07 Nov 2015

By John L. Boos,  L.M.T., N.S.C.A., C.P.T.

At some time in our lives we will ask ourselves, Am I financially secure enough to retire? or Do I love this person enough to marry them? or Am I prepared enough to start a family? A majority of people will ask themselves at least one of these questions at some point in their lives. But very few people will ever give a thought to asking themselves if they are able to maintain their independence or a high-quality physical and mental function as they age. Too many people seem to feel that if they acquire a reasonable health insurance plan, take their supplements, and do walking or some regular physical activity that they are ready for the mid- to senior adult journey. The truth is that most people don’t have enough of the facts to understand what is happening during the aging process.

There are two types of independence for survival, financial independence and physical independence. It is much easier to determine if you can remain financially buoyant after retirement simply by adding your total income for the month and subtracting your necessary expenses (with a few dollars left over to keep your sanity). That is because they are black and white figures of reality staring back in your face. But what about the capacity of our physical independence? Let me cut straight to the medical and aging facts that must be realized in order to most effectively address the issue. As the body starts to get older, it also begins to age. The older we get, the faster the body ages. We lose our energy and endurance. Our range of motion diminishes. What was once easy to do is now more difficult. Even the groceries are not as easy to handle. You develop back and neck pains. Your knees, hips and shoulders wake up an hour after you have brushed your teeth. You ask yourself, Is this all I have to look forward to? You are feeling like the present economy slow, sluggish and depressed.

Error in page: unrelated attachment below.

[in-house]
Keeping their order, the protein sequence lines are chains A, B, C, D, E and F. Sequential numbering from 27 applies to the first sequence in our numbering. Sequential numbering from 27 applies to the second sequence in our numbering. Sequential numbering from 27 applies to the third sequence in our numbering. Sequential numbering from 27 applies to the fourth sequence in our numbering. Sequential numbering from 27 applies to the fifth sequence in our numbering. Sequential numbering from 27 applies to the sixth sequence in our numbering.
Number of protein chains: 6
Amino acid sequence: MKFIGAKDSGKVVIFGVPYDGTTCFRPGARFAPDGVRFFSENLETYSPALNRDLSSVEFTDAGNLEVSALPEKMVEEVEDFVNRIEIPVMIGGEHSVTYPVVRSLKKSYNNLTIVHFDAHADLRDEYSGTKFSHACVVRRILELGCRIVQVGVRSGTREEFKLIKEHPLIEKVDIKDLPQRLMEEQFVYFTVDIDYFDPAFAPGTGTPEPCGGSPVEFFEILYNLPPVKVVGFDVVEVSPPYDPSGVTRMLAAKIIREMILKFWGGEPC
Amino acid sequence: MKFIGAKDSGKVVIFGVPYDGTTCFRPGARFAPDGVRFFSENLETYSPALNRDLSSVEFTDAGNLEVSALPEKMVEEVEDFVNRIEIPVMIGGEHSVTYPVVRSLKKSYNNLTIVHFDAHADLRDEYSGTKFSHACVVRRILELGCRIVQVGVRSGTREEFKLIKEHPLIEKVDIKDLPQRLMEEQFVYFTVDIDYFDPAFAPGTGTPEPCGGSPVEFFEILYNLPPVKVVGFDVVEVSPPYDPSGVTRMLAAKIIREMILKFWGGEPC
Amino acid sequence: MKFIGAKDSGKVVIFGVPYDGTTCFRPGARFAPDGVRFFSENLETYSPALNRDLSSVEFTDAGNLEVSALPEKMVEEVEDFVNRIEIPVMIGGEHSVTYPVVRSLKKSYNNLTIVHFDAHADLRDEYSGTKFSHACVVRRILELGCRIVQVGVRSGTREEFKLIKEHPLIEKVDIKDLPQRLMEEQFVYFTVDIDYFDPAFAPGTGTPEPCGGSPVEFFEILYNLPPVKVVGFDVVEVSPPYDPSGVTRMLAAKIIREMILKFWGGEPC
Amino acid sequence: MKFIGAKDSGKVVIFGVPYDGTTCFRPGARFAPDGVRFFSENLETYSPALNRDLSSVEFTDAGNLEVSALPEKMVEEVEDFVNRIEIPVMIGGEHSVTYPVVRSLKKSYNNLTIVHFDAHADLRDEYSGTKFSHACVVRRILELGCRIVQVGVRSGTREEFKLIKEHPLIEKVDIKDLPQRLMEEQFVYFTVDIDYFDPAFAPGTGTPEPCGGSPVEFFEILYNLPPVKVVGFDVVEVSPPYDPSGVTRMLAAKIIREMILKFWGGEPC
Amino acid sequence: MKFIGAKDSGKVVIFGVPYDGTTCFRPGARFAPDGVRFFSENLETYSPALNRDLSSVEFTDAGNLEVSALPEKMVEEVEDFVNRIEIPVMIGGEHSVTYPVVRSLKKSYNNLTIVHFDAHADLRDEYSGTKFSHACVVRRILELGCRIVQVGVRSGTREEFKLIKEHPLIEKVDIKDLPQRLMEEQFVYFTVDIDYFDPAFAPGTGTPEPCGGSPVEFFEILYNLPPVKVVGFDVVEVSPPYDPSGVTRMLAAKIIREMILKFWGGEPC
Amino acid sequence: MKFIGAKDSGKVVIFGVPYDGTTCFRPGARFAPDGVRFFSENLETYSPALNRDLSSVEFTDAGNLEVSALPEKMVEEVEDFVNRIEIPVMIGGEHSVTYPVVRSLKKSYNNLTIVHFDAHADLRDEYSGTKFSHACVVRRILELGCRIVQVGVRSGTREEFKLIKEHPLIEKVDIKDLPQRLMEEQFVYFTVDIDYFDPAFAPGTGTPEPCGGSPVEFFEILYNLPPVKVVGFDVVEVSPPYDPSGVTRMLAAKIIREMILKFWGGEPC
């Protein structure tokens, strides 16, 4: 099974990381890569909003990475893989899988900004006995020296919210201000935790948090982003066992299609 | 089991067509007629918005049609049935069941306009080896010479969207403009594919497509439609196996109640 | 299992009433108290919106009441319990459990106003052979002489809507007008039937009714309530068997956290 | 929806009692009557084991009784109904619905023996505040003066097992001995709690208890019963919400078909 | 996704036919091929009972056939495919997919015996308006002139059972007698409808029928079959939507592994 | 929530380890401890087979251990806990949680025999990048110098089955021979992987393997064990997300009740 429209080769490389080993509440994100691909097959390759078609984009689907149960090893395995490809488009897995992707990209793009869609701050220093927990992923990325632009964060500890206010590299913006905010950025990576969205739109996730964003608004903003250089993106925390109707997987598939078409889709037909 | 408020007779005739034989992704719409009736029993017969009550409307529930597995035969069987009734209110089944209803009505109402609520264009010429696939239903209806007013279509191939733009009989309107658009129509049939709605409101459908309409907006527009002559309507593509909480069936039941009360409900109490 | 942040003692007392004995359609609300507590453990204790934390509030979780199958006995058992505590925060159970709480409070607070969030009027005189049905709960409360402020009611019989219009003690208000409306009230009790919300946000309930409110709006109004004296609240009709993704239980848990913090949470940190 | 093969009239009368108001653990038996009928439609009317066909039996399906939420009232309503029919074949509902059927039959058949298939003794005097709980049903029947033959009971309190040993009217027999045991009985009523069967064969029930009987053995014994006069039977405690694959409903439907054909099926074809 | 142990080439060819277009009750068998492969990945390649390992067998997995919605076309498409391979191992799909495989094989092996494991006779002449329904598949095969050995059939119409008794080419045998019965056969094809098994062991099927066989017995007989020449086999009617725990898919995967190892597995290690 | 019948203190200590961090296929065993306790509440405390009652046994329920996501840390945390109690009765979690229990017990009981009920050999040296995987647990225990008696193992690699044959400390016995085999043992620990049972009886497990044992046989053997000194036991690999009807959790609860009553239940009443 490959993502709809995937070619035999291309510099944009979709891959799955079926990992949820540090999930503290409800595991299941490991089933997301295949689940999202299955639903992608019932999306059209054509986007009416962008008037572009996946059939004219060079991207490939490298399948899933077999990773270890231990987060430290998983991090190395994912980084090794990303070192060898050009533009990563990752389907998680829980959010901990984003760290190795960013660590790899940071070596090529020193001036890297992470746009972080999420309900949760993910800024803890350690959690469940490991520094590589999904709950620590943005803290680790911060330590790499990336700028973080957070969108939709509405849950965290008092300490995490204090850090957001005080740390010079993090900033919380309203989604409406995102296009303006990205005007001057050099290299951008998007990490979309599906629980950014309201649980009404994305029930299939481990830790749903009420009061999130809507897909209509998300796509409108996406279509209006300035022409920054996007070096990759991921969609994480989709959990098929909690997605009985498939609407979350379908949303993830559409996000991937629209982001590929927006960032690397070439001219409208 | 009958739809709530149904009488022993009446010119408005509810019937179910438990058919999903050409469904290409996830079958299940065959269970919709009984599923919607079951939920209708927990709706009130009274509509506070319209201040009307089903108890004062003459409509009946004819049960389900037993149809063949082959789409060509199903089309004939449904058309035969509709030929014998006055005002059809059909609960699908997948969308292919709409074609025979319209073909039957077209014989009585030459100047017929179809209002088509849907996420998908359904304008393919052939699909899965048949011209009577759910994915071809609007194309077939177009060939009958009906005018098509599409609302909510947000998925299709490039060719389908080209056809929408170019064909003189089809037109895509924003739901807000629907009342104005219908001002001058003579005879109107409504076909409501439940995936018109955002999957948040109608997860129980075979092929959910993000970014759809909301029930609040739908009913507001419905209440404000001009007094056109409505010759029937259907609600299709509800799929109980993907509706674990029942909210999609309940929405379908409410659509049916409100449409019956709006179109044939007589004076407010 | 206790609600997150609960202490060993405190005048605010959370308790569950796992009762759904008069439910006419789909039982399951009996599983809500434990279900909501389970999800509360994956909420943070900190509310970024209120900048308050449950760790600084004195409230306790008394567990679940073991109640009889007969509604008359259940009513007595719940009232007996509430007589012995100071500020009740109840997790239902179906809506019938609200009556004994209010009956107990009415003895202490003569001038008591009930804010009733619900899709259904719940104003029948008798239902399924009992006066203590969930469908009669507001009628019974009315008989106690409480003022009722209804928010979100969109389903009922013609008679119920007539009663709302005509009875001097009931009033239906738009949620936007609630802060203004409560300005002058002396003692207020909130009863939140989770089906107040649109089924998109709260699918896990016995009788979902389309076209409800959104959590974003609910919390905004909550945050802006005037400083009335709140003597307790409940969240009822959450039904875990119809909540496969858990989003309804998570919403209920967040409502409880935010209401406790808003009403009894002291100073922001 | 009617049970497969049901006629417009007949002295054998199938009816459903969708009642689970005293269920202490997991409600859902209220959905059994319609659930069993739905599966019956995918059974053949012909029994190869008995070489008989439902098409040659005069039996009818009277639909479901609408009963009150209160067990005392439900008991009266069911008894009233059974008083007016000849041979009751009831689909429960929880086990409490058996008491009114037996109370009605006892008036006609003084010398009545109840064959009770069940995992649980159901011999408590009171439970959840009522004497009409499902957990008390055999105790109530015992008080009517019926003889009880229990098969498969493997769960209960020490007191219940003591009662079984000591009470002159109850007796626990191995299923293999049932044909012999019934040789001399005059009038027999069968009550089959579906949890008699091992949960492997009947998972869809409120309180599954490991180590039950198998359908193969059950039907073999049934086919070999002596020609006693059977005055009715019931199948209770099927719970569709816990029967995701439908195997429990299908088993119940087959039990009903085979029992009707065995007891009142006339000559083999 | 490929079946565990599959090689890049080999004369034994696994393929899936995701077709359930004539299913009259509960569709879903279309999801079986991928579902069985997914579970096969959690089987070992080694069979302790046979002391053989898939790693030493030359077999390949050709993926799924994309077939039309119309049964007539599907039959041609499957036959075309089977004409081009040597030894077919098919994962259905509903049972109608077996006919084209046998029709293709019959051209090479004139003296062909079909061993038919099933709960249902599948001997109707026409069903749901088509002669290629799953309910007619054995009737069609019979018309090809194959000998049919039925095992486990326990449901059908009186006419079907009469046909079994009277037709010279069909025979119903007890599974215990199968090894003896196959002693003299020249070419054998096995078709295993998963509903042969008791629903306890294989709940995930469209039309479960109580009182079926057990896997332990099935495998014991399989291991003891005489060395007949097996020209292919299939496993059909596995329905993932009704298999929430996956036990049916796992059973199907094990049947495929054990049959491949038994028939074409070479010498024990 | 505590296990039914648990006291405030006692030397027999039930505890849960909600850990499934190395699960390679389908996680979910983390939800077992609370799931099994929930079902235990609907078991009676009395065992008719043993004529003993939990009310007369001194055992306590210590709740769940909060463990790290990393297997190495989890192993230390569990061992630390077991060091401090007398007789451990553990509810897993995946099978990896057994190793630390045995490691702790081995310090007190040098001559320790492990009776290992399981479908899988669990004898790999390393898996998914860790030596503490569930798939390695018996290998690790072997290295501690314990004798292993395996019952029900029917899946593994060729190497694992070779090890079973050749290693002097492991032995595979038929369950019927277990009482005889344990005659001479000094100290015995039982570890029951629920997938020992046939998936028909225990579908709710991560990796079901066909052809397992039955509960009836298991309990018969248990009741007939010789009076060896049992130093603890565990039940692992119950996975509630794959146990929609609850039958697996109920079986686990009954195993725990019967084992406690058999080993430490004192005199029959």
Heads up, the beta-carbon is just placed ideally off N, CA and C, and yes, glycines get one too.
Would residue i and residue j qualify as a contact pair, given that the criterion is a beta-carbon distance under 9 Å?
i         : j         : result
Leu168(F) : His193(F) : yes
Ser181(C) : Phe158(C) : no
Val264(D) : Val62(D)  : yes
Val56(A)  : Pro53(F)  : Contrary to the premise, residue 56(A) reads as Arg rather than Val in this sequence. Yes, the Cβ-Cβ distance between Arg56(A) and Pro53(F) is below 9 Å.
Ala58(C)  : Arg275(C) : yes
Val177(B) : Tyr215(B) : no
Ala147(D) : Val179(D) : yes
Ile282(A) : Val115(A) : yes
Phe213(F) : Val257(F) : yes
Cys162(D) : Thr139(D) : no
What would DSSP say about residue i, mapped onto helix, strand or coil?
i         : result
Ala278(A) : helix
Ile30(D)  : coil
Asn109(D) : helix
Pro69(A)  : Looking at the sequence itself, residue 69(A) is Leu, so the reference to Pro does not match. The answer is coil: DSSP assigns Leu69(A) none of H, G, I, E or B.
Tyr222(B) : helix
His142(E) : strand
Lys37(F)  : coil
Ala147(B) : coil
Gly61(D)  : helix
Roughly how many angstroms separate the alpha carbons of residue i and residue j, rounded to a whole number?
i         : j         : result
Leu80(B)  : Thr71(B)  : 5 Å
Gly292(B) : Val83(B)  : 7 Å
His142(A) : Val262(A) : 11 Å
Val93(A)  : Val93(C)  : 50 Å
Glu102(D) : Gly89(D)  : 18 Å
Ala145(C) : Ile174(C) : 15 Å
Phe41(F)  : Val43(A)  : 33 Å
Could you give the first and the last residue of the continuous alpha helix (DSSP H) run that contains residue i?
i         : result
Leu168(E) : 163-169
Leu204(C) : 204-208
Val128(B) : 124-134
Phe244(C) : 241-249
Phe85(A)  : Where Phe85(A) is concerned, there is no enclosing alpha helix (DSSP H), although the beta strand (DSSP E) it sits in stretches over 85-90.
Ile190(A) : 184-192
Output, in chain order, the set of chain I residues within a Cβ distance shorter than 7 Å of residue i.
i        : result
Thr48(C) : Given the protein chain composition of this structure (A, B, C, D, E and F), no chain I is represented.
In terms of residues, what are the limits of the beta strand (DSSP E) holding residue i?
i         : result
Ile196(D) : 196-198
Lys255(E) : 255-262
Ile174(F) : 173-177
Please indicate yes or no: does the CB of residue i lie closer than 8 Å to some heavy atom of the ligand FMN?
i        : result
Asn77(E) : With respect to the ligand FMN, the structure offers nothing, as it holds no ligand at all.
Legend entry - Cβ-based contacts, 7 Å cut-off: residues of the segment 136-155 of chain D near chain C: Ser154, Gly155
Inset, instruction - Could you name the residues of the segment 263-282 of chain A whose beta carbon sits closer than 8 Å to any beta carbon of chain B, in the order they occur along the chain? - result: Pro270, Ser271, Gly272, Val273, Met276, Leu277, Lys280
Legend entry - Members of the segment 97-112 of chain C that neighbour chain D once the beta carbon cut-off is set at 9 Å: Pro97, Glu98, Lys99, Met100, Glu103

So what is going on here? The answer is somewhat complex, but basically you are undergoing what is known in the medical field as sarcopenia, or age-related muscle loss. It is not new to medical science that the body loses muscle tone, muscle mass and muscle capacity after the age of 30. More recently it has been found that the type of muscle fibers that contribute to sarcopenia are the ones that produce and maintain muscle strength and power. Why do we have such a need for these strength and power fibers? To stay alive and survive when under a fight or flight situation. Our conscious brain is living the luxury of the 21st century, but our reptile brain (brain stem or lower brain) is programmed to living in 5,000 B.C. and reacts only under a stimulus. It is an old part of our brain but a very wise part, so don’t even try to outsmart it or you will reduce your chances of being strong enough for getting older.

So what are the benefits of focusing on getting stronger? What is the most effective and safest way? How do you measure it and what effect will it have on the rest of your bodily functions and life? The obvious approach to the aging side of getting older should be exercise. Most people feel they know that. That is why they take up walking or other physical activities, as well as try to eat healthier. ItÕs not that this approach is not smartÉit is. It’s just that this approach is not going to sufficiently address the sarcopenia (age-related muscle loss) for staying stronger. Why do I say that? Because restoring or building new muscle and strength requires an approach specific to the objective. It requires strength training! It requires effort and safe progression. It requires an intelligent and cautious execution that can be measured and monitored to help you stay on track and stay motivated. Safety and a smart cautious progression is necessary due to the fact that people over the age of 40 or 50 often have physical limitations and other issues. It can be poor exercise choices from the past or just accidents that happened. In many cases, they aren’t even aware of these limitations.